With the Bremen midfield sitting in a narrow shape we saw Reus drop into space either side of the midfield block in order to collect possession and drive play forward. This saw Dortmund able to safely progress the ball to the edges of the final third in their attacking phase.
Dortmund release Hakimi
As the match progressed into the second half we saw a slight change in the attacking phase from Dortmund as they began to release Achraf Hakimi to move into higher positions of the field. This was an obvious attempt to stretch the Bremen defensive structure to open spaces centrally that could be exploited.
What was especially interesting about this change of structure was that Dortmund remained largely orientated in the central areas with their midfielders. Diallo still maintained a deep line just ahead of the two central defenders but Hakimi was released to move much higher when in possession. In this area, we saw Hakimi and Christian Pulisic combine to create overloads on the right of the attack.
As Hakimi takes possession on the right side he is able to drive at the outside of the Bremen left back. With Pulisic positioned to the inside in the right half-space the Bremen left-back was constantly pressured into making difficult decisions. Does he move out to press the man in possession, or stay tight to Pulisic to deny the combination?
If the left-back was pulled into the wide area to engage the ball then the space was opened up for Dortmund to overload and attack the edge of the penalty area. What we saw, however, was that Bremen maintained their defensive shape and allowed Hakimi to push forward in possession. They were confident that their defensive structure could hold off the Dortmund attack.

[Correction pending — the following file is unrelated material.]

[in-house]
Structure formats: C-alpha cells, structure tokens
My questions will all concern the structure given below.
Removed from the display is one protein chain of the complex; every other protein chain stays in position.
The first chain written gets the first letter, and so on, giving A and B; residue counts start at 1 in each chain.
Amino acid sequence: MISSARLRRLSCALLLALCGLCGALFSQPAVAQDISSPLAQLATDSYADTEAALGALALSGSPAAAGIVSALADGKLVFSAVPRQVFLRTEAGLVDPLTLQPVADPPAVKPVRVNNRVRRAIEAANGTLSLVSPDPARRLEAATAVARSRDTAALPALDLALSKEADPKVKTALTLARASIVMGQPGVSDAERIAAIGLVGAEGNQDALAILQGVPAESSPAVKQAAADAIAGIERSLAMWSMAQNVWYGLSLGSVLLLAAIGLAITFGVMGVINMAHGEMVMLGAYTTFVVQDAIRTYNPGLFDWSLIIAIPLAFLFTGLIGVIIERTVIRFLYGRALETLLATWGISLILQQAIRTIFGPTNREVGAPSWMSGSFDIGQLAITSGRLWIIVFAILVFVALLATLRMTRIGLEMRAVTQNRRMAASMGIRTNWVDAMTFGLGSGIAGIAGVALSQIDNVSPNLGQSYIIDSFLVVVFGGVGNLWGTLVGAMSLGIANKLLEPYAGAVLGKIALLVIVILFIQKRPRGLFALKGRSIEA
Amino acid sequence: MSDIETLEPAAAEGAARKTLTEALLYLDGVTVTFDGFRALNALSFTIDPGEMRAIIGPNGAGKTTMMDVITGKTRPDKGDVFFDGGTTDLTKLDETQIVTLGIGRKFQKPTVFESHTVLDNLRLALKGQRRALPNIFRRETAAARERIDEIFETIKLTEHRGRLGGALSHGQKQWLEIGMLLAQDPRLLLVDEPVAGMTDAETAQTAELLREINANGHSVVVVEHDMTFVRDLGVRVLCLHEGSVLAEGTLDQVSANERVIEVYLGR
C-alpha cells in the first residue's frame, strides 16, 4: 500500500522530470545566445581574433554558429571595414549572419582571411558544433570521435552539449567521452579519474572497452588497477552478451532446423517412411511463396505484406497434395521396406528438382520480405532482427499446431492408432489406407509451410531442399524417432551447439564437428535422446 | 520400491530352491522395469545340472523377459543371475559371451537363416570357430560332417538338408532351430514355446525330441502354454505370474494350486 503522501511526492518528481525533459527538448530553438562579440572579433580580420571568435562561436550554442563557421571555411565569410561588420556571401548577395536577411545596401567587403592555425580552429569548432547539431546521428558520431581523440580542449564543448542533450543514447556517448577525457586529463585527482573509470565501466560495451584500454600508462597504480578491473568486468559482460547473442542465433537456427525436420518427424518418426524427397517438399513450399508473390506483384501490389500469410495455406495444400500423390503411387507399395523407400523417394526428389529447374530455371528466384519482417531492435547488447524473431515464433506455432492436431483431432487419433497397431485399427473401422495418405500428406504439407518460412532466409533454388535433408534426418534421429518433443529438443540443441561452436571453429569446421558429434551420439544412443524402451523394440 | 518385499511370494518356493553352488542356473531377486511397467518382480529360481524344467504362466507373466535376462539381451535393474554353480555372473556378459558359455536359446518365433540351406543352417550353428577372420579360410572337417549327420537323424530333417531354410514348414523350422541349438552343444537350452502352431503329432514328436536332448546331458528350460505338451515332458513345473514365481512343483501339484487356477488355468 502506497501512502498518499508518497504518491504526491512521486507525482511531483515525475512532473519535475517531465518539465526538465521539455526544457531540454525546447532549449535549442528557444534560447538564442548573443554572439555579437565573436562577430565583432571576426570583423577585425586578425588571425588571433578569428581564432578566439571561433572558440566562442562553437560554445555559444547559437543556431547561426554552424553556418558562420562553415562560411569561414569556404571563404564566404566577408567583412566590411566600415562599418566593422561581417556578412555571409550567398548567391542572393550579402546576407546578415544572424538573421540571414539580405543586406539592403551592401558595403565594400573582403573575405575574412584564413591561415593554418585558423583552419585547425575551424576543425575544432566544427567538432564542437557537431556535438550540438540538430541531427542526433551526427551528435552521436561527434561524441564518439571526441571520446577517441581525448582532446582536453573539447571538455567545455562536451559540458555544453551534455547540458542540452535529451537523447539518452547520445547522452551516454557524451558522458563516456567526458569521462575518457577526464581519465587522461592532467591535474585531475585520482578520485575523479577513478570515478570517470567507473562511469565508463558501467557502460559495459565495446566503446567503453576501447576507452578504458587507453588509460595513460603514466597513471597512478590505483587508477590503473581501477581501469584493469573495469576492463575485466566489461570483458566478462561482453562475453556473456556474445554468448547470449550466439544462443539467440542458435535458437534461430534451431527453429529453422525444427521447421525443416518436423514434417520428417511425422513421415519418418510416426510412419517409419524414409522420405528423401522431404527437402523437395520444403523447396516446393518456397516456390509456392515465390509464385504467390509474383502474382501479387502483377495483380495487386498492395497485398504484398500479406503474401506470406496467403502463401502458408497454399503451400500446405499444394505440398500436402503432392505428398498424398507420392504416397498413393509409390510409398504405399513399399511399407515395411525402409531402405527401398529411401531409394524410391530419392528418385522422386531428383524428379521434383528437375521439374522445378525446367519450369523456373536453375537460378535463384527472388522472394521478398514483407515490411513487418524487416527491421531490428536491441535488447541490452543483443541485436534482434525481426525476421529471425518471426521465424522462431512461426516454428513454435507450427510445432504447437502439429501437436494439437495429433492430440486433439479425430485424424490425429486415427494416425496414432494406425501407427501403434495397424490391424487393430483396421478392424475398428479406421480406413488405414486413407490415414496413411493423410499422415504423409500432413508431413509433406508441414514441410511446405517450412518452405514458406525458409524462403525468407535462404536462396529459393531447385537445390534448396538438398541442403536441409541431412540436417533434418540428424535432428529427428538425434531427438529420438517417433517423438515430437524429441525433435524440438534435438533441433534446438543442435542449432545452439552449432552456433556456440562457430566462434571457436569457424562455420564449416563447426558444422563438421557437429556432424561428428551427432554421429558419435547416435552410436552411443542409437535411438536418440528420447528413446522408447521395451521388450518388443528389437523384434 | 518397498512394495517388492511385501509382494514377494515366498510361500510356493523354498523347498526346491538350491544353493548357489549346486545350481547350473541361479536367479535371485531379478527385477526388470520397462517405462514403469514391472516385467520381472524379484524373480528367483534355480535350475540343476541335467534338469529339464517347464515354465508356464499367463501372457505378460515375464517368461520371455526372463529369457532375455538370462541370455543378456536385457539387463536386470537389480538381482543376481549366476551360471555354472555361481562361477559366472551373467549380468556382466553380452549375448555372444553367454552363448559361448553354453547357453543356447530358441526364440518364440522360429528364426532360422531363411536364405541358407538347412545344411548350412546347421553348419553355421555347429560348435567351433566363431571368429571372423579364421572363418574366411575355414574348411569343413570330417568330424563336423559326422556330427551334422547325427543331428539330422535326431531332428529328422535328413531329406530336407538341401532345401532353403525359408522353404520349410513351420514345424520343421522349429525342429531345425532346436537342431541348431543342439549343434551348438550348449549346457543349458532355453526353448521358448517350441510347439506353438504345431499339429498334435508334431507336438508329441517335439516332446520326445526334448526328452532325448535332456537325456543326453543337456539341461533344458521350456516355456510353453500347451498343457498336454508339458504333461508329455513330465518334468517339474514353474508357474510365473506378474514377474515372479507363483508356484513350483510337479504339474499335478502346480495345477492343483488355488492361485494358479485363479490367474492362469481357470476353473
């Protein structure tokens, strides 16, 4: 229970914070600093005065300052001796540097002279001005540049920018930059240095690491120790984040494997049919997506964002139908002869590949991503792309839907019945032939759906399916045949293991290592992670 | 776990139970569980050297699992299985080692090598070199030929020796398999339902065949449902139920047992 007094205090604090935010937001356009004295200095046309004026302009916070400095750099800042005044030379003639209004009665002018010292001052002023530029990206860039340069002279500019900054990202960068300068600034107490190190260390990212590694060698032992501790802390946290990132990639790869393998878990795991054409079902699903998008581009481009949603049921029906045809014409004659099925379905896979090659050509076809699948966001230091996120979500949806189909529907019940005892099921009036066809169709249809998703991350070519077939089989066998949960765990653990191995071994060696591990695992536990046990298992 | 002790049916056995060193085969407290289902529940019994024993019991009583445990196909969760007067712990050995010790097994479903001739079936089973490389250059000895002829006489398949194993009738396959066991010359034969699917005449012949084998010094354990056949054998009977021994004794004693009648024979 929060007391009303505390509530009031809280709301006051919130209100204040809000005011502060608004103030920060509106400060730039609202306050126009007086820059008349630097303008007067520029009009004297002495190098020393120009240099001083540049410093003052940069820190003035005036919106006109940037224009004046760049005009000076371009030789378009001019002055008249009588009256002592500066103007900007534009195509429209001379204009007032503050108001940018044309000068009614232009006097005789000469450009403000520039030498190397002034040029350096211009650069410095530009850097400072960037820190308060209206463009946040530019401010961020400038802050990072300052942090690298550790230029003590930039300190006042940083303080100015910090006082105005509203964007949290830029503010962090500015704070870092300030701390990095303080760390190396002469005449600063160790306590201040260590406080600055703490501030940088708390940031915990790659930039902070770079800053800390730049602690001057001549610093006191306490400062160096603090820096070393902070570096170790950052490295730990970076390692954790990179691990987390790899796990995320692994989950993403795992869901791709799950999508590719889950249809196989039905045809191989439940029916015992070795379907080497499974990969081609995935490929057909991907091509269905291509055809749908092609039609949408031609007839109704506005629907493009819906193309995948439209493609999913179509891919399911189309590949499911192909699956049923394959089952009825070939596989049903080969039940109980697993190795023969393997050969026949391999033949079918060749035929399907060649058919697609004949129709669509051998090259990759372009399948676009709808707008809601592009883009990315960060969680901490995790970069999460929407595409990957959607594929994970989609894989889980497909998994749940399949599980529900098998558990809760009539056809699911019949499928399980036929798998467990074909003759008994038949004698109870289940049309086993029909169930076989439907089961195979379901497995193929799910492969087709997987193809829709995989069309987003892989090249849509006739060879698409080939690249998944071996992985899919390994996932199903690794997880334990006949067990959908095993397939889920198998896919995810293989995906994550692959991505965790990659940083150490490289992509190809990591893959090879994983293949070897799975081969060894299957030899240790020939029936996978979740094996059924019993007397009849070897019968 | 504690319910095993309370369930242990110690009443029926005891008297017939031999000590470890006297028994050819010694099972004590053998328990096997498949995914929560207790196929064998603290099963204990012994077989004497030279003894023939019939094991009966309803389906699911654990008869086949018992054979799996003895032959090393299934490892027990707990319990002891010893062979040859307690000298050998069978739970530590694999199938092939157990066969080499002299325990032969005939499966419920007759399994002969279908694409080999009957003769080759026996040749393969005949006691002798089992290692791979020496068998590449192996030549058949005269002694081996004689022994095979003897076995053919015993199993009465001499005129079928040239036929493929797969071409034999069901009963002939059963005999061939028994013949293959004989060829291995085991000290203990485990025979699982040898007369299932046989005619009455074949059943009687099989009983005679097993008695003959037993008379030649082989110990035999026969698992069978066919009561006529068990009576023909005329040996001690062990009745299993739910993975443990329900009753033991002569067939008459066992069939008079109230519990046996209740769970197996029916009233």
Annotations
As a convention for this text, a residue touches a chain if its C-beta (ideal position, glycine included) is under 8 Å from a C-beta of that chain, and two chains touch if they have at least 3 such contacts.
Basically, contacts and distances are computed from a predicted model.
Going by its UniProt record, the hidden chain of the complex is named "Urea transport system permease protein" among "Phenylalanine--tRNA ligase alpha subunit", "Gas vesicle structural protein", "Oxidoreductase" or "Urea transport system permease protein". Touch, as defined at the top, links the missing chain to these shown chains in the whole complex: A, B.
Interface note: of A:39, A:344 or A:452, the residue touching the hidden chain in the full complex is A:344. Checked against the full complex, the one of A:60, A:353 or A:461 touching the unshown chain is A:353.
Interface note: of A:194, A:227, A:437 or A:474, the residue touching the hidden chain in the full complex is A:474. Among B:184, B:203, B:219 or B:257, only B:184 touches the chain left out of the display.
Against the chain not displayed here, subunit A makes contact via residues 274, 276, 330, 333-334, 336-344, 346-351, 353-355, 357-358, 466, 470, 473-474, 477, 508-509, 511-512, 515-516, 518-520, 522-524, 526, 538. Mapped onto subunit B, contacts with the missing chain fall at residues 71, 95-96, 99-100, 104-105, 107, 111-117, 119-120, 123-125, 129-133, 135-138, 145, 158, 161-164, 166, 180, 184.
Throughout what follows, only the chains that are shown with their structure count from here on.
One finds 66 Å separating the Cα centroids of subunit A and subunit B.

Bremen defensive structure
As mentioned previously Bremen played in a 5-3-2 structure out of possession with the fullbacks pressing forward to form a 3-5-2 in possession. The majority of the match though was spent in the defensive phase with Dortmund enjoying the greater share of possession.
Despite conceding three times over the course of the 120 minutes, there was much to be admired in the defensive structure that Bremen utilised as they denied Dortmund space in the central areas.
The three central midfielders for Bremen were positioned to close the passing lanes into central positions. The five players arrayed across the defensive line were narrow and compact in an effort to force Dortmund to attack in wide spaces. They were confident that they would be able to defend any crosses into the penalty area.
When Dortmund did look to access the wide areas though they were not simply allowed to advance forward completely unchecked. Instead, the near-side central midfielder and forward player would move to support the full-back in order to press the wide player in possession. The strong defensive structure inside of this press meant that there was no easy escape for the man being pressed.
In the end, there can be no doubt that Bremen deserved to get something from the match. They took the lead before coming back twice to equalise late in the tie. What impressed the most was the way that they were able to defend so effectively against a side that is normally strong in the attacking phase. Florian Kohfeldt deserves a great deal of credit for setting his side up in a manner to effectively negate the threat of Dortmund.
The home side are still challenging for the Bundesliga title and they are still in Champions League contention. Werder Bremen, on the other hand, will be content to continue trying to reach the final of the DFB Pokal.